Can someone please explain to me how the pointers were used in the line w/ the red font. I do not understand where the pointer pertains to and why there is still a need for that. Also why is it that a "+" sign was used to combine two array variables? ie: *(mpg+ctr). Thanks in advanced guys.

``````void main()
{
char choice;

double miles[10] = {240.5, 300.0, 189.6, 310.6, 280.7, 216.9, 199.4, 160.3, 177.4, 192.3};

double gallons[10] = {10.3, 15.6, 8.7,14,16.3,15.7, 14.9, 10.7, 8.3, 8.4};

double mpg[10];

int ctr;

for(ctr=0;ctr<10;ctr++)

{

cout.setf(ios::fixed);
cout.setf(ios::showpoint);
cout.precision(2);

cout<<"Miles /"<<" Gallons = Mpg: "<<endl;

*(mpg+ctr) = *(miles+ctr) / *(gallons+ ctr);

cout<<miles[ctr]<<" / "<<gallons[ctr]<<" = "<<mpg[ctr]<<endl;
cout<<endl;

}
}``````

>>*(mpg+ctr) = *(miles+ctr) / *(gallons+ ctr);

That's the same thing as this: `mpg[ctr] = miles[ctr] / gallons[ctr];` Personally I do not like or use the pointer arithmetic as shown in your code snippet, but its just a matter of personal taste. IMO using the index method I show is …

`*(mpg+ctr)` is basically the same as `mpg[ctr]` Tearing it apart:
mpg points to the array.
mpg+ctr points to the ctrth element in the array.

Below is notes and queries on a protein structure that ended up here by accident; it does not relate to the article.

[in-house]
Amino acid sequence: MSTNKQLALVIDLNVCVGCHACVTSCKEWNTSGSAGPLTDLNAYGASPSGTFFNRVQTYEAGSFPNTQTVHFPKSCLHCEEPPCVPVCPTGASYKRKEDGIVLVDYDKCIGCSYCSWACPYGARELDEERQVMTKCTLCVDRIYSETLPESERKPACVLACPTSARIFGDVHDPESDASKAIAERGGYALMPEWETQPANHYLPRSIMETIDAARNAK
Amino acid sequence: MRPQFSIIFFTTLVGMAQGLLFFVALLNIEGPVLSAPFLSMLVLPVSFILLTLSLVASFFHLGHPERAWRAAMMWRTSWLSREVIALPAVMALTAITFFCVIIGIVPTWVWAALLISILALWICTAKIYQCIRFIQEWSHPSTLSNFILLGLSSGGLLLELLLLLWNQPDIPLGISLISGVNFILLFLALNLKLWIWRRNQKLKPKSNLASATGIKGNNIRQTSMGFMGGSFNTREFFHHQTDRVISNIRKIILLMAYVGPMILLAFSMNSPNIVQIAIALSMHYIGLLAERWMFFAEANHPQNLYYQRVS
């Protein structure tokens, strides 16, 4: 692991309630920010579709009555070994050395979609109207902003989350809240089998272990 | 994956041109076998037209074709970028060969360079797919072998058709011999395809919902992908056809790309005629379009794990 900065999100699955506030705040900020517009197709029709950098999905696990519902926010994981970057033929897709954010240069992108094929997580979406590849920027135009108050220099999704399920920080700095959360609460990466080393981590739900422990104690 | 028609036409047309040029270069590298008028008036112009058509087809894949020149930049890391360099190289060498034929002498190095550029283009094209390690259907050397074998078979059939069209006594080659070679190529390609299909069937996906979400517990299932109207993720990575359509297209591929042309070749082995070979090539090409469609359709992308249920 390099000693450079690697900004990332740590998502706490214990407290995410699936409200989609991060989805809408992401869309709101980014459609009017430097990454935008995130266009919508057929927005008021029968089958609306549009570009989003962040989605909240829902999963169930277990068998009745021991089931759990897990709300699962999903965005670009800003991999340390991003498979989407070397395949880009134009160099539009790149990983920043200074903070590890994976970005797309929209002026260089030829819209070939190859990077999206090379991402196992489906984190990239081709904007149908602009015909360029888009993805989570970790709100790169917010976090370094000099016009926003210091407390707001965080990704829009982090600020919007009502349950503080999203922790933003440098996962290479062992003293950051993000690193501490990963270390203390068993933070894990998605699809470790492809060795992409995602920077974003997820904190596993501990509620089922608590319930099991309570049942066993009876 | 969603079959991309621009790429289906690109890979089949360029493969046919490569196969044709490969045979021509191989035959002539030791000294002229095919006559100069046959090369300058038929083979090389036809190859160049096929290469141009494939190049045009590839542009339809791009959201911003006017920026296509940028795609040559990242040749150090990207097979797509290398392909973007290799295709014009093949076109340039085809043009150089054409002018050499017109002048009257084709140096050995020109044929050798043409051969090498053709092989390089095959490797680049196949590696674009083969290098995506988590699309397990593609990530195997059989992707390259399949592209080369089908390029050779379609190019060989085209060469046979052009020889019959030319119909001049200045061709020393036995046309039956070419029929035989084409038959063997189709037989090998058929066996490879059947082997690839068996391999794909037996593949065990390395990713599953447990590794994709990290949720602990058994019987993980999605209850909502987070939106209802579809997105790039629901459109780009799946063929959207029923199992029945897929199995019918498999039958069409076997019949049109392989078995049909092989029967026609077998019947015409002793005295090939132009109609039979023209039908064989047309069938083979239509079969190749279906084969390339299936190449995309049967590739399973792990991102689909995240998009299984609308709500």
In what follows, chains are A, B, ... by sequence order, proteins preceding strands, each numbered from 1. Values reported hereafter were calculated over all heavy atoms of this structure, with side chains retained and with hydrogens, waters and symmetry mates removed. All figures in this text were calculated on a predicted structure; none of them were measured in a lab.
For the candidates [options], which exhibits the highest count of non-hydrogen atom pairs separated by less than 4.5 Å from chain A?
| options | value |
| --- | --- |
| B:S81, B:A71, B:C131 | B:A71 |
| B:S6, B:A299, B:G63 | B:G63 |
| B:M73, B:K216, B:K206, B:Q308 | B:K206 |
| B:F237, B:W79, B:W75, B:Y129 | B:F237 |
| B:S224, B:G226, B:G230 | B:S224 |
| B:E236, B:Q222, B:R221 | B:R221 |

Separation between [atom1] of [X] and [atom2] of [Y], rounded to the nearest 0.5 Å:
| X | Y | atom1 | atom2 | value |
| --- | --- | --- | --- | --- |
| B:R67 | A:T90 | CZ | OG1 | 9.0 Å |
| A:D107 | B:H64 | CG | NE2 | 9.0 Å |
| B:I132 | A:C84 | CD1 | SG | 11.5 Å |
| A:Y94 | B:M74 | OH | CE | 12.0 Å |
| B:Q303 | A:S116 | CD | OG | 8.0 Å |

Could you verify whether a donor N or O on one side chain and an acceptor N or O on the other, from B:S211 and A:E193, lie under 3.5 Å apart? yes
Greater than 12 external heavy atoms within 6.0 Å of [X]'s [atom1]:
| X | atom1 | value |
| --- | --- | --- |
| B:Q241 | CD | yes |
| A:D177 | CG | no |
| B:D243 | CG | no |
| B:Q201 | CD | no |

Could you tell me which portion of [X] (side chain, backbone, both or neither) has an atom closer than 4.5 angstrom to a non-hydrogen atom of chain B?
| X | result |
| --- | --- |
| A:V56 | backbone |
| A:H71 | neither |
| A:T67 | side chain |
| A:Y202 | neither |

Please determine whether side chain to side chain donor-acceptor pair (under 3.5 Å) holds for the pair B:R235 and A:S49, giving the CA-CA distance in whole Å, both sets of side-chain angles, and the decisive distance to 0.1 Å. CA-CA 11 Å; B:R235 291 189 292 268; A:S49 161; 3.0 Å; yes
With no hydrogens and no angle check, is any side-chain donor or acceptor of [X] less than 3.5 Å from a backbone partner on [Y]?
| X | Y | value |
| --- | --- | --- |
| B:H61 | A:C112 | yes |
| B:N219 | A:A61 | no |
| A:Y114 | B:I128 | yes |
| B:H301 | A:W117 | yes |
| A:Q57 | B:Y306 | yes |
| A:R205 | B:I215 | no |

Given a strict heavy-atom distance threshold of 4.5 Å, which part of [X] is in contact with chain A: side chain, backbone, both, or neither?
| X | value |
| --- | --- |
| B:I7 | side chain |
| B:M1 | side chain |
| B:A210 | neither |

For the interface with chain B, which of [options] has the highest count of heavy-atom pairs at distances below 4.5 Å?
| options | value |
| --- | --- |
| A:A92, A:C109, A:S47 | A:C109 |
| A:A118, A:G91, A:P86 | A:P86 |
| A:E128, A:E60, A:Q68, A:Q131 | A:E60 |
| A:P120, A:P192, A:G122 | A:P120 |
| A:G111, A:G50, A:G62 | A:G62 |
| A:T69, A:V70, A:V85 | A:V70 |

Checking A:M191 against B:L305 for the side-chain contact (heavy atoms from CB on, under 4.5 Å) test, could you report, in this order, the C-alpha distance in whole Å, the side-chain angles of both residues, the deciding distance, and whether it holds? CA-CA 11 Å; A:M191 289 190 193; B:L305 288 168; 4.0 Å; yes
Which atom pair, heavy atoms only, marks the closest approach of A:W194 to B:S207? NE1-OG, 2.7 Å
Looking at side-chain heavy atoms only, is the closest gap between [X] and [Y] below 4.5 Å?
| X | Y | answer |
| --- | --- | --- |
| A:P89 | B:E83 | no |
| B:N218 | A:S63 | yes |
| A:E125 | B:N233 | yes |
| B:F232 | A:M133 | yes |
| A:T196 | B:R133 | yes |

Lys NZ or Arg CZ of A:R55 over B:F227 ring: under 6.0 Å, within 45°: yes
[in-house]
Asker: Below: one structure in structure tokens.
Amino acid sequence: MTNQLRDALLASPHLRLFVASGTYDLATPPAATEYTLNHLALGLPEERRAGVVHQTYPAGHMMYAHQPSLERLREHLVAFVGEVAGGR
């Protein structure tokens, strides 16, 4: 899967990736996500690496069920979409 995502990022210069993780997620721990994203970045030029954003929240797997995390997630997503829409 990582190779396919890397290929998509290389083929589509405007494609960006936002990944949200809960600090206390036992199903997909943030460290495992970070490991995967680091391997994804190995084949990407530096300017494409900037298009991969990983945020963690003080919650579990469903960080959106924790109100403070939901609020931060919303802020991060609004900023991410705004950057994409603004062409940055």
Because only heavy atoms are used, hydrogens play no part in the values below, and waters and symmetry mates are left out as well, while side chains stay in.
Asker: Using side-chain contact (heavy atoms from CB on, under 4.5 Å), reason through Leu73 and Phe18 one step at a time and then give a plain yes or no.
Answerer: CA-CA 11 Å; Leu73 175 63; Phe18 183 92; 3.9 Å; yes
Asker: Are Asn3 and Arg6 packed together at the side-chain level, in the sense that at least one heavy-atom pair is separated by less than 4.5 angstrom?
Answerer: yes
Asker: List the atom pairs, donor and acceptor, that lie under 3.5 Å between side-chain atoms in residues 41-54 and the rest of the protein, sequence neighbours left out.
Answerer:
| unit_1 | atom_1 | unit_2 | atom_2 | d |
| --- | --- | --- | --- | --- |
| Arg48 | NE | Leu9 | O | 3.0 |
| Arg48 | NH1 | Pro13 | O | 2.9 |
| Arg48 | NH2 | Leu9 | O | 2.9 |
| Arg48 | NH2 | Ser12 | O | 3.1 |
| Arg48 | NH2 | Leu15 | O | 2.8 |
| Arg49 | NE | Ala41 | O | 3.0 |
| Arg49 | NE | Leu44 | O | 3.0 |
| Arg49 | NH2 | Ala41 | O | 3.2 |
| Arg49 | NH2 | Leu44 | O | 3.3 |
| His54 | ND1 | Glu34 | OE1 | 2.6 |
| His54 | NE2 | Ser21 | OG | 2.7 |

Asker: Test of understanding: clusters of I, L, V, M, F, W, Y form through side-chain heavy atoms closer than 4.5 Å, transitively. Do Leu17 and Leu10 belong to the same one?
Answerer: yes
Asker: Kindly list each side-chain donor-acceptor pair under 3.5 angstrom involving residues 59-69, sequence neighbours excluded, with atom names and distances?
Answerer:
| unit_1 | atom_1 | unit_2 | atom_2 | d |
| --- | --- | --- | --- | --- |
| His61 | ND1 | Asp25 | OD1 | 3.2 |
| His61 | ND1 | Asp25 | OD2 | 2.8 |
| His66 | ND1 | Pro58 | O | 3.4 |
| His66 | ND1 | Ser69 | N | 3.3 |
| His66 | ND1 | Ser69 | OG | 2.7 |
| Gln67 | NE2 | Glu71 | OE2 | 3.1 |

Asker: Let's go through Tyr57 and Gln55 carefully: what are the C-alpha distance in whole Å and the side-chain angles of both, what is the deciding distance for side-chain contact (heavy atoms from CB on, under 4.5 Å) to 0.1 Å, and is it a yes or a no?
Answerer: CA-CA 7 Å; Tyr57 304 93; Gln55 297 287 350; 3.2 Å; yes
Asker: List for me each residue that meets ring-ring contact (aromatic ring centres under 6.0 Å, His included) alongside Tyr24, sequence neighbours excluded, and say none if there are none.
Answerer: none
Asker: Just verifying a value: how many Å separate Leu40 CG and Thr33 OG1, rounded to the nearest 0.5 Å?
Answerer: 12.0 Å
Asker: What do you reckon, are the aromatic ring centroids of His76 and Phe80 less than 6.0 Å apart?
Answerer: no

*(mpg+ctr) therefore is the value at the ctrth element

## All 5 Replies

>>*(mpg+ctr) = *(miles+ctr) / *(gallons+ ctr);

That's the same thing as this: `mpg[ctr] = miles[ctr] / gallons[ctr];` Personally I do not like or use the pointer arithmetic as shown in your code snippet, but its just a matter of personal taste. IMO using the index method I show is a lot more clear what is going on, and of course requires little thinking about it. Programmers should write for clarity, not cuteness or an attempt to impress others.

`*(mpg+ctr)` is basically the same as `mpg[ctr]` Tearing it apart:
mpg points to the array.
mpg+ctr points to the ctrth element in the array.
*(mpg+ctr) therefore is the value at the ctrth element

Ok Thats nice. I have read somewhere in my C book that if an array is used by just its name,i.e, mpg then it will return the address of its 0th element and hence :

mpg and *(mpg+i) will give you same values for a Loop.

But, there is also written in the book that i[mpg] will also return the same value.

Can you explain me that how i[mpg] can return the same value as mpg ?

[ Please See the attached Code of my book ]

Can you explain me that how i[mpg] can return the same value as mpg?

Your book already explains it. `mgp[i]` becomes `*(mpg + i)` , and because addition is commutative you can change the order of the operands without affecting the result. Thus, `i[mpg]` is to `mpg[i]` as `*(i + mpg)` is to `*(mpg + i)` . It's basic math. :)

commented: Thanks for resolving my confusion :) +0

Don't get hung up on the i[mgp] construct because its rarely, if ever, used in real life. In my 20+ years programming I've not seen it even once except in an academic text book.

Be a part of the DaniWeb community

We're a friendly, industry-focused community of 1.21 million developers, IT pros, digital marketers, and technology enthusiasts learning and sharing knowledge.